The first time he started buying breakfast, it was a conversation.
“Are you hungry when you get to school? You have breakfast at home every morning, and you bring a snack to have in the morning.”
No, not hungry.
“Would you rather have breakfast at school instead of at home?”
No, he hates the idea of waiting until he’s at school to eat.
“Ok, so then you’ll eat breakfast at home, and not at school. You really don’t need to buy breakfast at school.”
The second time he started eating breakfast at school, we had the same conversation. Not hungry, not willing to wait for breakfast. Great, then stop buying breakfast. We eat when we’re hungry. If you’re hungry, let me know, and we’ll get you more food.
The third time he started buying breakfast, he realized he could eat slowly, and then saunter into class fifteen minutes late. It’s hard to blame the teachers in the cafeteria for letting him be late. They assume, and I suspect it’s usually a good assumption, that kids who are buying breakfast probably need that breakfast.
So this time I spoke to the teachers in the cafeteria. They had suspected something was unusual — most kids buy breakfast more regularly than my son, and most of them don’t wait until their parents are out of sight to buy it. I had kind of hoped that it was something he’d be able to manage — Dad told me not to buy breakfast, so I won’t buy breakfast. — but it looks like he needs some adult assistance to stop himself.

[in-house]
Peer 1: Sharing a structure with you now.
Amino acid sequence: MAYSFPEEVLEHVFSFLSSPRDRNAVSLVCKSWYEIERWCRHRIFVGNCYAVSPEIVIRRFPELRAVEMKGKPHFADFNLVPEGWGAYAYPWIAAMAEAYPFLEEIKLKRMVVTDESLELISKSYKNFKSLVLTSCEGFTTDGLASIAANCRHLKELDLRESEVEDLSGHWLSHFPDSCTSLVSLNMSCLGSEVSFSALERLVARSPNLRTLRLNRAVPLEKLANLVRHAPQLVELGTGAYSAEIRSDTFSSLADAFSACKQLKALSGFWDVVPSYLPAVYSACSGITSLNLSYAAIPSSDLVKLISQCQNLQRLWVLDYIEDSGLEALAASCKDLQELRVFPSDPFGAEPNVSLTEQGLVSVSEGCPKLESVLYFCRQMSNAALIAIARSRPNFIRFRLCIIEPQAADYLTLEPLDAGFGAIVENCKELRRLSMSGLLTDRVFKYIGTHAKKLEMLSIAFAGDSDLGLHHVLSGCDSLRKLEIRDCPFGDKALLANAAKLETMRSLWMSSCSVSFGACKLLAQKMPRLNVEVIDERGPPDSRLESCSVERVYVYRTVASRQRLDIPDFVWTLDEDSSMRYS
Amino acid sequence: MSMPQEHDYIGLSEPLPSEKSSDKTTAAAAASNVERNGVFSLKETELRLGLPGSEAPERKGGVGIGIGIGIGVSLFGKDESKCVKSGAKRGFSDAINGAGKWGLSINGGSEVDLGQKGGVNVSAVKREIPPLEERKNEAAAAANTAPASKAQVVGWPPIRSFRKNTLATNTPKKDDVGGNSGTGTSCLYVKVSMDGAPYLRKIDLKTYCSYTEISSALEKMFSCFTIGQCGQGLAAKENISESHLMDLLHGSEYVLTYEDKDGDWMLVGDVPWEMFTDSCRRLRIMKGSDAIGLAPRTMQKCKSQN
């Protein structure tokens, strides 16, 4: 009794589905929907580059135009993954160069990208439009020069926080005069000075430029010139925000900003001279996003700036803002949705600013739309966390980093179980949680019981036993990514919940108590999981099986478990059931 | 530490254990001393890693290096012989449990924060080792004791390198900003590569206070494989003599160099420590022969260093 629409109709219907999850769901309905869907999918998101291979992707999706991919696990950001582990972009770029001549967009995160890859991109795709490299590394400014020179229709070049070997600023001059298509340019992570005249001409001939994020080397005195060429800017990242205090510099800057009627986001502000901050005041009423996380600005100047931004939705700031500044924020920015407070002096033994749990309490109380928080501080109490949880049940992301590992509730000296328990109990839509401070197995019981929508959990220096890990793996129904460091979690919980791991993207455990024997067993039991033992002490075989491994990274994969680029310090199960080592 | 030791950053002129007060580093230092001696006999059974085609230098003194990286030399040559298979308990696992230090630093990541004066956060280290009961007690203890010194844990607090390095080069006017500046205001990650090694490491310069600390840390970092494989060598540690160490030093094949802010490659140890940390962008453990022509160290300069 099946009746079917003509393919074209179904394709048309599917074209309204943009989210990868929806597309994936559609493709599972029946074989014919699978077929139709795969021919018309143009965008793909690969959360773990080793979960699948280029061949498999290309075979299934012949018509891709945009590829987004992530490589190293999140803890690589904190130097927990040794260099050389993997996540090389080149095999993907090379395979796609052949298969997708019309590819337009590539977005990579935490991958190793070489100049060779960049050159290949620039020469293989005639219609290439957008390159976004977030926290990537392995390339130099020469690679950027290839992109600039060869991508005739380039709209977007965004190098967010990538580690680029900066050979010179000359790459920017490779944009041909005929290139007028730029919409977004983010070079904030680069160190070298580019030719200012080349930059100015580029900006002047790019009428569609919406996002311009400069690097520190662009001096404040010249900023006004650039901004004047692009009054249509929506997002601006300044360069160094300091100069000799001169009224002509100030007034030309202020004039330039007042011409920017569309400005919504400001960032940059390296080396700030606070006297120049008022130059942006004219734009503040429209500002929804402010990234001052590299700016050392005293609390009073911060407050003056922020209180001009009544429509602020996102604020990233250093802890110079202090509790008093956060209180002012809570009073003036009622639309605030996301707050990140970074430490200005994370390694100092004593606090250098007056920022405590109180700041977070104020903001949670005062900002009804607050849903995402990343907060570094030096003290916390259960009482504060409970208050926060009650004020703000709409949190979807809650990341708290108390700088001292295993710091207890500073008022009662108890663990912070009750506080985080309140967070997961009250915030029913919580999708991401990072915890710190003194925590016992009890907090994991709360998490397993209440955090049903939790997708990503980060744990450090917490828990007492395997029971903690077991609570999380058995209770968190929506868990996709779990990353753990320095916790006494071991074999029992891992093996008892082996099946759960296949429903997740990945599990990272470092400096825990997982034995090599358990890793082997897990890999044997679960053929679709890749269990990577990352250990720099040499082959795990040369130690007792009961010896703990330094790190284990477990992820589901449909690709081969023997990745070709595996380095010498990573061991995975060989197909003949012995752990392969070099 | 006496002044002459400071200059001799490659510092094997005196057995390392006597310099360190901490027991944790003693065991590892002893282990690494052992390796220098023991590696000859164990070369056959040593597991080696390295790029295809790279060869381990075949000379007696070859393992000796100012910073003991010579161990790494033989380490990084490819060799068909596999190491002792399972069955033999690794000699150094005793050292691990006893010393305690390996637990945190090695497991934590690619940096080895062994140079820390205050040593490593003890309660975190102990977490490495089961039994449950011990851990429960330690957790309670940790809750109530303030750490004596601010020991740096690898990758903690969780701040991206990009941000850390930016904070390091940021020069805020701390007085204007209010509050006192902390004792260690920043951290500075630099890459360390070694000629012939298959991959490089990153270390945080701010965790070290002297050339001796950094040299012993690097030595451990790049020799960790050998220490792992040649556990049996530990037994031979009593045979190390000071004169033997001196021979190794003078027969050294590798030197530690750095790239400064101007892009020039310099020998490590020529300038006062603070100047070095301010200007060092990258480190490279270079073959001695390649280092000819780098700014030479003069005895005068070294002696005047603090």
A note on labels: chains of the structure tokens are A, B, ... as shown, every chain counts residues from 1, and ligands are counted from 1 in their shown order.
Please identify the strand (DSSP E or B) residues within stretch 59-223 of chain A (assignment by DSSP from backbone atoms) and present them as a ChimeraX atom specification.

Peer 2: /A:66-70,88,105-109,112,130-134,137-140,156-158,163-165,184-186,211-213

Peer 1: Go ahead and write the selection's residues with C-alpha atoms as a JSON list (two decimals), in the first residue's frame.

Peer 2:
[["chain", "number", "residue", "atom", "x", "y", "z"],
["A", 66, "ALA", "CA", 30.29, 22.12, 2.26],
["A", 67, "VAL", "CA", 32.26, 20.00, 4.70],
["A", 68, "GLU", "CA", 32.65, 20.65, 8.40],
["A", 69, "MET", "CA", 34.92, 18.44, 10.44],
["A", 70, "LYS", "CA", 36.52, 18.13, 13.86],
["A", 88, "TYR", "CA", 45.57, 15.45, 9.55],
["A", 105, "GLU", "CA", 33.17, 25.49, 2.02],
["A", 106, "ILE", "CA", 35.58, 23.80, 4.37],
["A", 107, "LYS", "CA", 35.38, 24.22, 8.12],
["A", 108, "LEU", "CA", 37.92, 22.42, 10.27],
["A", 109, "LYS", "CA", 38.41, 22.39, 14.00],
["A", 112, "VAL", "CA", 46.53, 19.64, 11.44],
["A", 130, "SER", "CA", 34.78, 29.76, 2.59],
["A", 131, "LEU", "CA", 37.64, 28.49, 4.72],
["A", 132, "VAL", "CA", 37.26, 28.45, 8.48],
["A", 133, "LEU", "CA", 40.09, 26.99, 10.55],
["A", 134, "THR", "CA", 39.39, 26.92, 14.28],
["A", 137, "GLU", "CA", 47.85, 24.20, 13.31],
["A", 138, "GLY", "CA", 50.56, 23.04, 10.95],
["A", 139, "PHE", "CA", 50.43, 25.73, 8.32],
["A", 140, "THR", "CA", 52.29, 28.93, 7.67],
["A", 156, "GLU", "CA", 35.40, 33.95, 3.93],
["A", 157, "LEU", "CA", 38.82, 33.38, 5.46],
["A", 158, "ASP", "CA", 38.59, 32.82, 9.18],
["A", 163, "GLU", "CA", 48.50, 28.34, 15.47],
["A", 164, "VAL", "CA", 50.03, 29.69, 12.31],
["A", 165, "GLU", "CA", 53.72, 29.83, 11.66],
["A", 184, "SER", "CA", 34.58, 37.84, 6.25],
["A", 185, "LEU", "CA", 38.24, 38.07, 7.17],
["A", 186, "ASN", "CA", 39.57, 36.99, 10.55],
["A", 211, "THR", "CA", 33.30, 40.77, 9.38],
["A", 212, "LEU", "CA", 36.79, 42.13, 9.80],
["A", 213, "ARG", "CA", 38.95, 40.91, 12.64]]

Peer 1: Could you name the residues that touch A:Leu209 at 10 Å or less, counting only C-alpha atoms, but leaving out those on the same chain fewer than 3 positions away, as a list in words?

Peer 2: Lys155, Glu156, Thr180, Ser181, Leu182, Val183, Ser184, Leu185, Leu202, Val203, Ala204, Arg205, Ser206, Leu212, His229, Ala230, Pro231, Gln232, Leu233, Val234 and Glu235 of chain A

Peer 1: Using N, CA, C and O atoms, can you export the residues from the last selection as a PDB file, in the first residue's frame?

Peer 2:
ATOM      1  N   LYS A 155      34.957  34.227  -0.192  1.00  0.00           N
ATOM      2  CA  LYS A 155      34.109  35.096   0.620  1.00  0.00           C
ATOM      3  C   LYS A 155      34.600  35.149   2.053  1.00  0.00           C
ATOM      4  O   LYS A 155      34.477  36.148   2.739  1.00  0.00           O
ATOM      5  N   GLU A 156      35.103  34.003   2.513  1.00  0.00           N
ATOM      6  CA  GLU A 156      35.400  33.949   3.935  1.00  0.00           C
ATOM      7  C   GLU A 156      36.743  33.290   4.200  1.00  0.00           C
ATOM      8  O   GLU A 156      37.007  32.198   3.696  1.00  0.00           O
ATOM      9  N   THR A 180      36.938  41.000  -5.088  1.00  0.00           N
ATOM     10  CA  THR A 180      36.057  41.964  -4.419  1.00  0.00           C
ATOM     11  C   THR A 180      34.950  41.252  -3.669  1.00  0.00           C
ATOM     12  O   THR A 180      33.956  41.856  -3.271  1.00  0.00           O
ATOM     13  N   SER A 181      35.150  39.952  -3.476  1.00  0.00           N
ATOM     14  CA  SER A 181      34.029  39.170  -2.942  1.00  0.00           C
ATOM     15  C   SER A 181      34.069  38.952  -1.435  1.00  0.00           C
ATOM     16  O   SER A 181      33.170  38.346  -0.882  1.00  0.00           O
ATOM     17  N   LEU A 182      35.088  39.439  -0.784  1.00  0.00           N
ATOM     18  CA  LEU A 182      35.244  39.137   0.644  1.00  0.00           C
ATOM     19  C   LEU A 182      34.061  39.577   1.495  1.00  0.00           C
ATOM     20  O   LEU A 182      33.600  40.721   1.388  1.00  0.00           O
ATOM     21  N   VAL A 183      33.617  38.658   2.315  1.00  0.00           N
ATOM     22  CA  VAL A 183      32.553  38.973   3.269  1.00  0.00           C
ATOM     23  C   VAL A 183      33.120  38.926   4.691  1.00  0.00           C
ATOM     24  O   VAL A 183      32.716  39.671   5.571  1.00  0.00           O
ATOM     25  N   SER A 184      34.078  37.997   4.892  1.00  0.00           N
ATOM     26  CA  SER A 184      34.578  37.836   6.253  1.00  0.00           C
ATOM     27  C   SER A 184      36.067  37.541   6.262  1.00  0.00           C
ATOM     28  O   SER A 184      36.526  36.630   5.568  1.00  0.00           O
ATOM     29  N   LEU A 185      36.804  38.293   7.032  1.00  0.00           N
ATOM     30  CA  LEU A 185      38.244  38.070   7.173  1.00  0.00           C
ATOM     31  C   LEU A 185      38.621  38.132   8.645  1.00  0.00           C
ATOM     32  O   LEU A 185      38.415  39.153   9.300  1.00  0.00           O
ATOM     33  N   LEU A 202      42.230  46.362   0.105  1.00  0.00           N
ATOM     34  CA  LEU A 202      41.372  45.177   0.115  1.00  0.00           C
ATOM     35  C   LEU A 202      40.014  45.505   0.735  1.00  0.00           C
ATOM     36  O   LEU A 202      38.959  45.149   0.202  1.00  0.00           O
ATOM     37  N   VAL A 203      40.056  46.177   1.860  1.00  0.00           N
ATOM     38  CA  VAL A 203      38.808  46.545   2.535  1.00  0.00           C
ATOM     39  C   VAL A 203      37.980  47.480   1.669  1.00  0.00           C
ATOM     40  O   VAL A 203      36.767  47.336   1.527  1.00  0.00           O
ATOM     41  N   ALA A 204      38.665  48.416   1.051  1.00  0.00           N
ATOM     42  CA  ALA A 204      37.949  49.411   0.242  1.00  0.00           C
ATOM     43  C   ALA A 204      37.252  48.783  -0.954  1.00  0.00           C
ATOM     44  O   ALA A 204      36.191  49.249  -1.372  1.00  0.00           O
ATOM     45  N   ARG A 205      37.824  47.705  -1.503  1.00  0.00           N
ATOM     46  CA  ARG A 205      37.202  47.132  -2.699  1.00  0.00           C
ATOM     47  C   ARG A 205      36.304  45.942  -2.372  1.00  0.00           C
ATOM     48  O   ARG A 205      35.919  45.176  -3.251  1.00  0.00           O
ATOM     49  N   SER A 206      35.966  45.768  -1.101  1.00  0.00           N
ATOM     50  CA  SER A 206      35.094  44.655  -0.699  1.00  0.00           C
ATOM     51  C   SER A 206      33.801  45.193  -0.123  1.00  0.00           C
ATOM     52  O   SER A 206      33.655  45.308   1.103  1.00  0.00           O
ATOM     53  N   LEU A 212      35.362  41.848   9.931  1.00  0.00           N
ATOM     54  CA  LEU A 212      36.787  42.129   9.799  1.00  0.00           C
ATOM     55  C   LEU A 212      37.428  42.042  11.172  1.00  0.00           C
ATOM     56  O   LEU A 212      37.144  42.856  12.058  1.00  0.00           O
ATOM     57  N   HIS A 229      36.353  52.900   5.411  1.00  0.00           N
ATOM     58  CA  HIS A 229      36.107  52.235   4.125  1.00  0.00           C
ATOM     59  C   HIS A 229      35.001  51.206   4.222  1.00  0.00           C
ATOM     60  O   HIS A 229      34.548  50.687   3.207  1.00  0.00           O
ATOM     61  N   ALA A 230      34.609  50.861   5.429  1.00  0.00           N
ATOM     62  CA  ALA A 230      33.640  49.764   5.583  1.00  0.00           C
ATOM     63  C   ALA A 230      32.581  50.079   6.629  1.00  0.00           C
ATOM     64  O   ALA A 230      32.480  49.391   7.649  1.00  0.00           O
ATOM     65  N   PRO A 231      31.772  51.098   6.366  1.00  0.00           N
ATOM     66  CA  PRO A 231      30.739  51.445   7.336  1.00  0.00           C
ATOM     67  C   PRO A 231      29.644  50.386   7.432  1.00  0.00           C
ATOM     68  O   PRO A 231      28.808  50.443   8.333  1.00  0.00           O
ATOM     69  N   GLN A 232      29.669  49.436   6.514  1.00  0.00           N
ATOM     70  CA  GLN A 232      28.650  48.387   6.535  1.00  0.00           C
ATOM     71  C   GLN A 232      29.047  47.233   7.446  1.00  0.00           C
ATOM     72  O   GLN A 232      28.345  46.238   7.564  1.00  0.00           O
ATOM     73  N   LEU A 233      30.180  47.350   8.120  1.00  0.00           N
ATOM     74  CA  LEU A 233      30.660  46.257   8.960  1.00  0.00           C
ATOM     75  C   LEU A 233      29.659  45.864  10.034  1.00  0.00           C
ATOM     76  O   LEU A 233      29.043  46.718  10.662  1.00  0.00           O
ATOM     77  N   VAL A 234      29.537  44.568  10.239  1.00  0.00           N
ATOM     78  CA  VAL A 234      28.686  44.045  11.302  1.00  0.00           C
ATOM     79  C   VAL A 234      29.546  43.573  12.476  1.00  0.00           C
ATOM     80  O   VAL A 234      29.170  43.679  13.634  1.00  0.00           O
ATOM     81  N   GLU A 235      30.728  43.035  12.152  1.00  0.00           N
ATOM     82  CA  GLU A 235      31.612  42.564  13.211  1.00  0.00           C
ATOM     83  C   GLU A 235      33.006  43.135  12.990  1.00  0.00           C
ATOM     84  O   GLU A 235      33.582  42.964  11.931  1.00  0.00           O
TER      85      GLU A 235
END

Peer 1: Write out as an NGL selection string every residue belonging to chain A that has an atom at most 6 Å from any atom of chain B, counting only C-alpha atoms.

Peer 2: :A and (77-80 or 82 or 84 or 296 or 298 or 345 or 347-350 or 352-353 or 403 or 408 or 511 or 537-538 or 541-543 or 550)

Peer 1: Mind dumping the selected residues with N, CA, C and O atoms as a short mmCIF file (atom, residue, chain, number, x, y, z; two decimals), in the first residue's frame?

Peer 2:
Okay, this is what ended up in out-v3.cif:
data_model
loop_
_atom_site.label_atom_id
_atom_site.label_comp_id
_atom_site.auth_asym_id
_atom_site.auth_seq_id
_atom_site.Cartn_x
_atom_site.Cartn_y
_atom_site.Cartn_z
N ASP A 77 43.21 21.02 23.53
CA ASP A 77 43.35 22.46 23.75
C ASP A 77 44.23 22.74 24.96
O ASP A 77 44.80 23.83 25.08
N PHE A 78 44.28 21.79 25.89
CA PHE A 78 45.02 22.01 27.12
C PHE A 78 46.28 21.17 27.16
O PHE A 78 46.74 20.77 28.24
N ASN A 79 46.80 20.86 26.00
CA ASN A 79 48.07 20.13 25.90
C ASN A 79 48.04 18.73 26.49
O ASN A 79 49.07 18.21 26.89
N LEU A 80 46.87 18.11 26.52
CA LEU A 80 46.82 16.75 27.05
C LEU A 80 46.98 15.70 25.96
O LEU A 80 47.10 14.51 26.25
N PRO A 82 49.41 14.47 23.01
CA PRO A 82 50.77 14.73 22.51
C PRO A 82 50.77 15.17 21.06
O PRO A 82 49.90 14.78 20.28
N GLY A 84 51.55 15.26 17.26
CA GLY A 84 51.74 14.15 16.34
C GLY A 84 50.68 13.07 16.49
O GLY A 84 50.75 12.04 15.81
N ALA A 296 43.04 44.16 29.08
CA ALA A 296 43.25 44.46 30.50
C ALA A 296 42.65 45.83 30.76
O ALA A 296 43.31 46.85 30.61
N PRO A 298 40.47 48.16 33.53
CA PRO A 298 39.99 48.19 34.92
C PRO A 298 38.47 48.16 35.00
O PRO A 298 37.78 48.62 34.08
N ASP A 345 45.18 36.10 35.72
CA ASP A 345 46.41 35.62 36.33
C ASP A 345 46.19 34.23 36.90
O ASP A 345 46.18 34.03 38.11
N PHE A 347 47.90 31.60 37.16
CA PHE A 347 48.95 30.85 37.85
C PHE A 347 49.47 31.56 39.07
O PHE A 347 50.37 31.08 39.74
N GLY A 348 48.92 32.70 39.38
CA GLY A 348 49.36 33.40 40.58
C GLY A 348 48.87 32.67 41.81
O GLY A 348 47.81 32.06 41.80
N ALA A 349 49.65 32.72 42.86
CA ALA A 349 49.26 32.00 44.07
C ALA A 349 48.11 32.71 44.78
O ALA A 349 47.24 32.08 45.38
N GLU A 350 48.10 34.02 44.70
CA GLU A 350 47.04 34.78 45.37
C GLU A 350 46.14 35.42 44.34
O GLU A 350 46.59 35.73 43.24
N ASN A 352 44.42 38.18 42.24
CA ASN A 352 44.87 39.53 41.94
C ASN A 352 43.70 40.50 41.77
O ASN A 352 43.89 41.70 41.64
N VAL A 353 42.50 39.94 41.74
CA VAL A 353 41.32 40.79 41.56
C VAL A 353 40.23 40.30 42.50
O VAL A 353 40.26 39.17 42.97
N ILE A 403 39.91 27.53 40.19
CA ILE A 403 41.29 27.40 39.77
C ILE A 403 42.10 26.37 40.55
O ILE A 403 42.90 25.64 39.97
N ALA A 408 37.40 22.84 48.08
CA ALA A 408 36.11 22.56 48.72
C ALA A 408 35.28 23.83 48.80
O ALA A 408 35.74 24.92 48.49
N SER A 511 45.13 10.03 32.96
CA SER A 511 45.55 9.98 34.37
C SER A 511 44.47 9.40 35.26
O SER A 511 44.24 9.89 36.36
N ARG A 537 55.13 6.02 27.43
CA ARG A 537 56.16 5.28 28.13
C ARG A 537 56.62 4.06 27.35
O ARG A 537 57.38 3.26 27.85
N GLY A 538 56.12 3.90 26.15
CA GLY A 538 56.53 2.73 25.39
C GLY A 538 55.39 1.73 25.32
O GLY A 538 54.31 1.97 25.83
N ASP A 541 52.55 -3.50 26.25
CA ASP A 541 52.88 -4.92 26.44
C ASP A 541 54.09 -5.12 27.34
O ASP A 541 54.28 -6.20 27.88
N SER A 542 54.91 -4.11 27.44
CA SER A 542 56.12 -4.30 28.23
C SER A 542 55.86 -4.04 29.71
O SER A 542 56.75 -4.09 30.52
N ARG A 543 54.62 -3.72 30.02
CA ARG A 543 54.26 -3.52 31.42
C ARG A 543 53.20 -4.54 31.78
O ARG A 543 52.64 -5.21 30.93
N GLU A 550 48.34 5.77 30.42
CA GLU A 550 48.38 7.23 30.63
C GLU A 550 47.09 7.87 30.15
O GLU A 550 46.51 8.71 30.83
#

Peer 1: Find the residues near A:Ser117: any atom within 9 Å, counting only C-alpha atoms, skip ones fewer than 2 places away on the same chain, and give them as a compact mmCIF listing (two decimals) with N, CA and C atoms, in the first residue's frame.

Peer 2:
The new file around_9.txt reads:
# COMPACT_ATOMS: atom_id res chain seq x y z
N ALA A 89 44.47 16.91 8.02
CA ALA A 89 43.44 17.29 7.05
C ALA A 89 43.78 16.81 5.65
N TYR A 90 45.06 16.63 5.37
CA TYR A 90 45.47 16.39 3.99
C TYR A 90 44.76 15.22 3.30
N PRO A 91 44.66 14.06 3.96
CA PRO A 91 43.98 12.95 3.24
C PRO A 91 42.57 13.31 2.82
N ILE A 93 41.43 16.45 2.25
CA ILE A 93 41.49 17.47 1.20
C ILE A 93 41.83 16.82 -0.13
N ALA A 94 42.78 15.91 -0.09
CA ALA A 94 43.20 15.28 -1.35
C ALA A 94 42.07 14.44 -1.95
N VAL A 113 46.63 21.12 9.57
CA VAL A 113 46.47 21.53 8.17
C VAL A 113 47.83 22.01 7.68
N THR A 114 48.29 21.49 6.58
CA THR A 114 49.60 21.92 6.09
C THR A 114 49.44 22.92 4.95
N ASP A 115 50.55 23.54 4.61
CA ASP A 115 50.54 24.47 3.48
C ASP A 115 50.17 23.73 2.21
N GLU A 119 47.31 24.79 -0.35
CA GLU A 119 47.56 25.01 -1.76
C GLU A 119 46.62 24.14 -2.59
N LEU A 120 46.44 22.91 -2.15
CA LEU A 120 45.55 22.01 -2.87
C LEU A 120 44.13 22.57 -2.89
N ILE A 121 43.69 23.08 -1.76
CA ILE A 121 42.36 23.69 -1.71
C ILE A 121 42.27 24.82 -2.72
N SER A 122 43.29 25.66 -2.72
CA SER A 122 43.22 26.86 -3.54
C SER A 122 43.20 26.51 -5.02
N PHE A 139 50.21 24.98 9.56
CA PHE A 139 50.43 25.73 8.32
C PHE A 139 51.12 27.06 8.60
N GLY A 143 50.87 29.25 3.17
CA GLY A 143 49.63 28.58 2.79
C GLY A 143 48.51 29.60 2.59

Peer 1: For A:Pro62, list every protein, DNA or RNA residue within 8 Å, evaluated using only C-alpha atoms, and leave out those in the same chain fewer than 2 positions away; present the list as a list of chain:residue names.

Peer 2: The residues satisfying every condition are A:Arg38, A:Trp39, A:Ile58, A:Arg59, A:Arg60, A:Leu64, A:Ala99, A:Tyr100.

A couple of weeks ago, we went to a Bar Mitzvah for one of Austin’s cousins. We had a good time, and it’s always nice to see Austin’s extended family, who are fantastic. But despite warnings that it was almost time to leave, both kids were in tears as we went out the doors. Jordan was crying because … well, because there was a transition, and we always cry at transitions.
Andrew, though, was upset about two things:
- Austin and I were irresponsible parents, and we had let him eat too much, and now his tummy hurt.
- Austin and I also were mean parents, and would not let him have any more ice cream.
I tried to explain that those were really mutually exclusive things to be upset about, but you can imagine that kind of argument doesn’t have much weight.
About a week from now, Austin and I will be celebrating our tenth anniversary. (Our before-we-could-get-married anniversary, that is.) Well, if I’m honest, we probably won’t be celebrating. If we manage to remember that it’s our anniversary (which we haven’t managed to do even once yet!) we’ll be too busy recuperating from a weekend with a Bar Mitzvah in Austin’s family and a wedding in my family. At least it’s a long weekend.
We’re not big on celebrations, though. Every time I go to a wedding, I find myself thinking, “This is nice. I’m glad we didn’t do this.” I’ve sometimes wondered if my self-consciousness is a product of internalized homophobia. Austin and I don’t kiss in public, or hold hands. Not like it’s a rule or anything. If he’s been on a long trip, I’ll hug him at the airport. But we’re certainly not showy.